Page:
Make withdrawals without running out of money
The key question about withdrawing from your retirement plan or IRA is "How much?" How much can you withdraw each year while making sure your money lasts as long as you do?
The 4% rule
If you want your savings to last for 30 years or more, consider withdrawing no more than 4% of your balance in the first year of retirement. After the first year, you might choose to increase your annual withdrawal by the rate of inflation. That way your spending power should have a good chance keep up with the rising cost of living.
The 4% rule applies even if you use part of your retirement savings to purchase an annuity. Simply apply the rule to the remaining balance in your retirement plan or IRA.
Maria's balance in her 401(k) plan is $100,000 when she retires. During the first year of retirement, she withdraws 4% of her balance, or $4,000.
Inflation runs at 2.5% over the course of that year. When year two of retirement begins, Maria adjusts her withdrawal amount by the rate of inflation and withdraws $4,100.
But be flexible too. If a sharp market decline reduces the value of your portfolio (say, by 10% or more), consider tightening your belt. You might skip inflation increases for a year or two, for example, or even reduce your withdrawal amount. This might help to prolong your retirement savings, although there are no guarantees.
At the beginning of Maria's third year of retirement, a sharp downturn in the market reduces her 401(k) balance to $80,000. She adjusts her withdrawal amount to 4% of her reduced balance, which comes to $3,200.
Investing for 4% withdrawals
Retirees who undertake a systematic withdrawal plan like this should consider keeping some of their savings in a diversified mix of stocks and bonds. Stocks do have sharp price swings. But, compared with bonds and short-term reserves, they have also shown greater potential for long-term growth, which may help to sustain your savings over a lengthy retirement. Just keep in mind that all investing is subject to risk, including the possible loss of the money you invest. Bond funds are subject to the risk that an issuer will fail to make payments on time, and that bond prices will decline because of rising interest rates or negative perceptions of an issuer's ability to make payments. Diversification does not ensure a profit or protect against a loss.
Take your withdrawals in a tax-efficient order
Unfortunately, you never get to retire from taxes. If you've saved pre-tax dollars in a retirement plan or IRA, the bill comes due after you retire. When you withdraw pre-tax contributions and earnings, you owe ordinary income taxes on that money.
If you have different types of accounts, you may be able to prolong your tax savings by withdrawing your money in a tax-efficient order:
- Withdraw from any taxable accounts before touching your tax-advantaged accounts.
- Consider withdrawing money from tax-deferred accounts, such as an employer's plan or a traditional IRA.
- Withdraw money from tax-free accounts, such as qualifying Roth contributions to an IRA or employer's plan.
Consider setting aside a portion of each withdrawal to meet your income tax obligation. If you're withdrawing from an employer's plan, most plan providers are required to withhold 20% of each withdrawal for federal taxes, though your actual tax bill may be higher or lower.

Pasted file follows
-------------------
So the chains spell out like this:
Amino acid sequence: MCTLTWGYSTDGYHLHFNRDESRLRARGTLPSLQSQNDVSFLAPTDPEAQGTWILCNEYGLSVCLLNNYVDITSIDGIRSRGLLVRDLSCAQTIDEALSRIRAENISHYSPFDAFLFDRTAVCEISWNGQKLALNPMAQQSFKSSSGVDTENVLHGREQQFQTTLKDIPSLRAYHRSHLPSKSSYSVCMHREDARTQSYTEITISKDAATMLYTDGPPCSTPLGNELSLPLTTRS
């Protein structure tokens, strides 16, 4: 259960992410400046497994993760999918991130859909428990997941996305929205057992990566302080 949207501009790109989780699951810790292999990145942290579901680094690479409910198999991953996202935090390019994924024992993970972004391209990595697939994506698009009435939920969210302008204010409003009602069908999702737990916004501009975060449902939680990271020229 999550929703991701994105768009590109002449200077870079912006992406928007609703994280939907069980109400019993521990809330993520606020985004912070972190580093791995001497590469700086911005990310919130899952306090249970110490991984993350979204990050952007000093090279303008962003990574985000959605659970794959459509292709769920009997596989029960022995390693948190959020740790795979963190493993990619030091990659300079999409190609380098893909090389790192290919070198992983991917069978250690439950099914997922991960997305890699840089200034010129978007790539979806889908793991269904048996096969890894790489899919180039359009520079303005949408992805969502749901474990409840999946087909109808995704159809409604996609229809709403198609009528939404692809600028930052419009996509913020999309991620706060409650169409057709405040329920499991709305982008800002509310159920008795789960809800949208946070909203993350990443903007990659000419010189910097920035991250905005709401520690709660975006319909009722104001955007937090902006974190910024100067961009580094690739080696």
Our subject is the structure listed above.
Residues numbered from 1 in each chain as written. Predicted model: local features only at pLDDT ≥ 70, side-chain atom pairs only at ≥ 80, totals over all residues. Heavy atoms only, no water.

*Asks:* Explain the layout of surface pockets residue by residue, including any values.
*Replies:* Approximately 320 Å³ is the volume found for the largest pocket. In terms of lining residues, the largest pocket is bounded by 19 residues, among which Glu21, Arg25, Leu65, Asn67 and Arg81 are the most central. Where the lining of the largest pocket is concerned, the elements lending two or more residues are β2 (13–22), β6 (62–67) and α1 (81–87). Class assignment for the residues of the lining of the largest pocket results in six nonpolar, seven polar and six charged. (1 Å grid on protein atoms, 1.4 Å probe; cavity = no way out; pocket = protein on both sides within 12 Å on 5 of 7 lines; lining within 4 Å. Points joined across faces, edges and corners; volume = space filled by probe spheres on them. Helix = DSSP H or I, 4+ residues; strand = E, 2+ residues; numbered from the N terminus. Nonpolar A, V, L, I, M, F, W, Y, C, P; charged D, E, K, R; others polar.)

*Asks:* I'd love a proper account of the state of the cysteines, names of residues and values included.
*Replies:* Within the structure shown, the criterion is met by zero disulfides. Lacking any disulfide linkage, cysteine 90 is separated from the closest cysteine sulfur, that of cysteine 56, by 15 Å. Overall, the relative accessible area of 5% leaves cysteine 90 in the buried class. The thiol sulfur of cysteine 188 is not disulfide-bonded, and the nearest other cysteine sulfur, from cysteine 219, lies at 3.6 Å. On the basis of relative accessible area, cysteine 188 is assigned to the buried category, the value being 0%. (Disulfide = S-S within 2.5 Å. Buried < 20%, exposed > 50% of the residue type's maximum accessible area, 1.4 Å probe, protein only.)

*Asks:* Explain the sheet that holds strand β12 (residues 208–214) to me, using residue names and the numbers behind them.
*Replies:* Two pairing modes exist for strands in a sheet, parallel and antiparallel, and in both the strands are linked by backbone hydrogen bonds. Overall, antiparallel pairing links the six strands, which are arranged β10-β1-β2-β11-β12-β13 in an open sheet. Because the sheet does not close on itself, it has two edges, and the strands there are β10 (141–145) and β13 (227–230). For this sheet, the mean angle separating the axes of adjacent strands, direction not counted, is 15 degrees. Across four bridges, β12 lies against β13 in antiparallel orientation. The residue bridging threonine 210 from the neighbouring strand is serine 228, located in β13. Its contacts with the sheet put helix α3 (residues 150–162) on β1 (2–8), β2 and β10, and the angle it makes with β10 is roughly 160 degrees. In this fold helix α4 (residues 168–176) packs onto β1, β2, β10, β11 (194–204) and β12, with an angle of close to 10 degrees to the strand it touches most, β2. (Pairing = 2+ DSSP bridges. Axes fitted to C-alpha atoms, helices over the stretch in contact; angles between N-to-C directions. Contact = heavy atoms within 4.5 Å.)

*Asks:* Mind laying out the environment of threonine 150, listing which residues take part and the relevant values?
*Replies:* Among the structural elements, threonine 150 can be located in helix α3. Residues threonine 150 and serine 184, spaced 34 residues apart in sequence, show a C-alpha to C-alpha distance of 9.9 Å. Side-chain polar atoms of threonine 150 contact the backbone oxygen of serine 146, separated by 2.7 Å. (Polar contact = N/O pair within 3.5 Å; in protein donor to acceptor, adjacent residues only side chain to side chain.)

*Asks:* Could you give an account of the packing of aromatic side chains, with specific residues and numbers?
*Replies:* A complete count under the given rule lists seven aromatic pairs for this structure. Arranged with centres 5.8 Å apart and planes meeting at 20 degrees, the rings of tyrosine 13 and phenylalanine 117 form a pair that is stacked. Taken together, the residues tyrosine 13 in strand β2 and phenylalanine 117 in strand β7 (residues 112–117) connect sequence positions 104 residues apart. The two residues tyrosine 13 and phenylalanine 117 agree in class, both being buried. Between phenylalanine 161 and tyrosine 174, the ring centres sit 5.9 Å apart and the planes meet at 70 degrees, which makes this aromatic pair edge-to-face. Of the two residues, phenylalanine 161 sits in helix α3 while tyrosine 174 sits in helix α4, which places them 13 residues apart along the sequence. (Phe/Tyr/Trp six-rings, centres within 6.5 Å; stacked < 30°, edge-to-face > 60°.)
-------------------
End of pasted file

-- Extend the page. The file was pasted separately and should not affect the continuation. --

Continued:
Create a cash reserve
You might think of your retirement savings as divided into two broad categories:
- Long-term money, which remains invested in the markets (for example, in stock and bond mutual funds) to capture earnings and growth opportunities.
- A cash reserve, your spending money for the next year or two. A low-cost money market fund can be a smart investment choice for your reserve. Your goal should be to protect the money you need for short-term expenses from the possibility of market declines.
Deriving income from your retirement savings is a process of gradually transferring money from your long-term investments to a short-term spending account. You can move the amount you expect to need for 12 months into your money market fund at one time. That way you won't have to worry that market swings will affect your immediate spending needs.
For convenience, you can link your money market fund electronically to your bank account, so you can easily move money to your checking or debit accounts. You could also set up automatic monthly transfers to your checking account to re-create the cash flow of a regular monthly paycheck.
Some withdrawals are required
When you reach age 70½, you must take required minimum distributions (RMDs) from tax-deferred retirement savings unless you are still working.* If you do not withdraw the required amount each year, you could owe a large penalty tax on that amount. Plus, you will still need to withdraw the required amount and pay your ordinary taxes on it.
After you reach age 70½, Vanguard can calculate required minimum distributions for your Vanguard IRA® and any accounts in retirement plans that offer the service. If your money is in a Vanguard IRA, call 800-205-6189 to have Vanguard send your RMDs to you automatically. If you've kept your money in your employer's retirement plan, call us at 800-523-1188.
- Estimate the balance from which you will be withdrawing variable income.
- Plan to withdraw no more than 4% of this balance in year one of retirement.
- Decide where to deposit your withdrawals.
- Schedule a day each year to adjust your withdrawal amount by the rate of inflation.
- Reset your withdrawal amount if there is a large market downturn.
An investment in a money market fund is not insured or guaranteed by the Federal Deposit Insurance Corporation or any other government agency. Although a money market fund seeks to preserve the value of your investment at $1 per share, it is possible to lose money by investing in such a fund.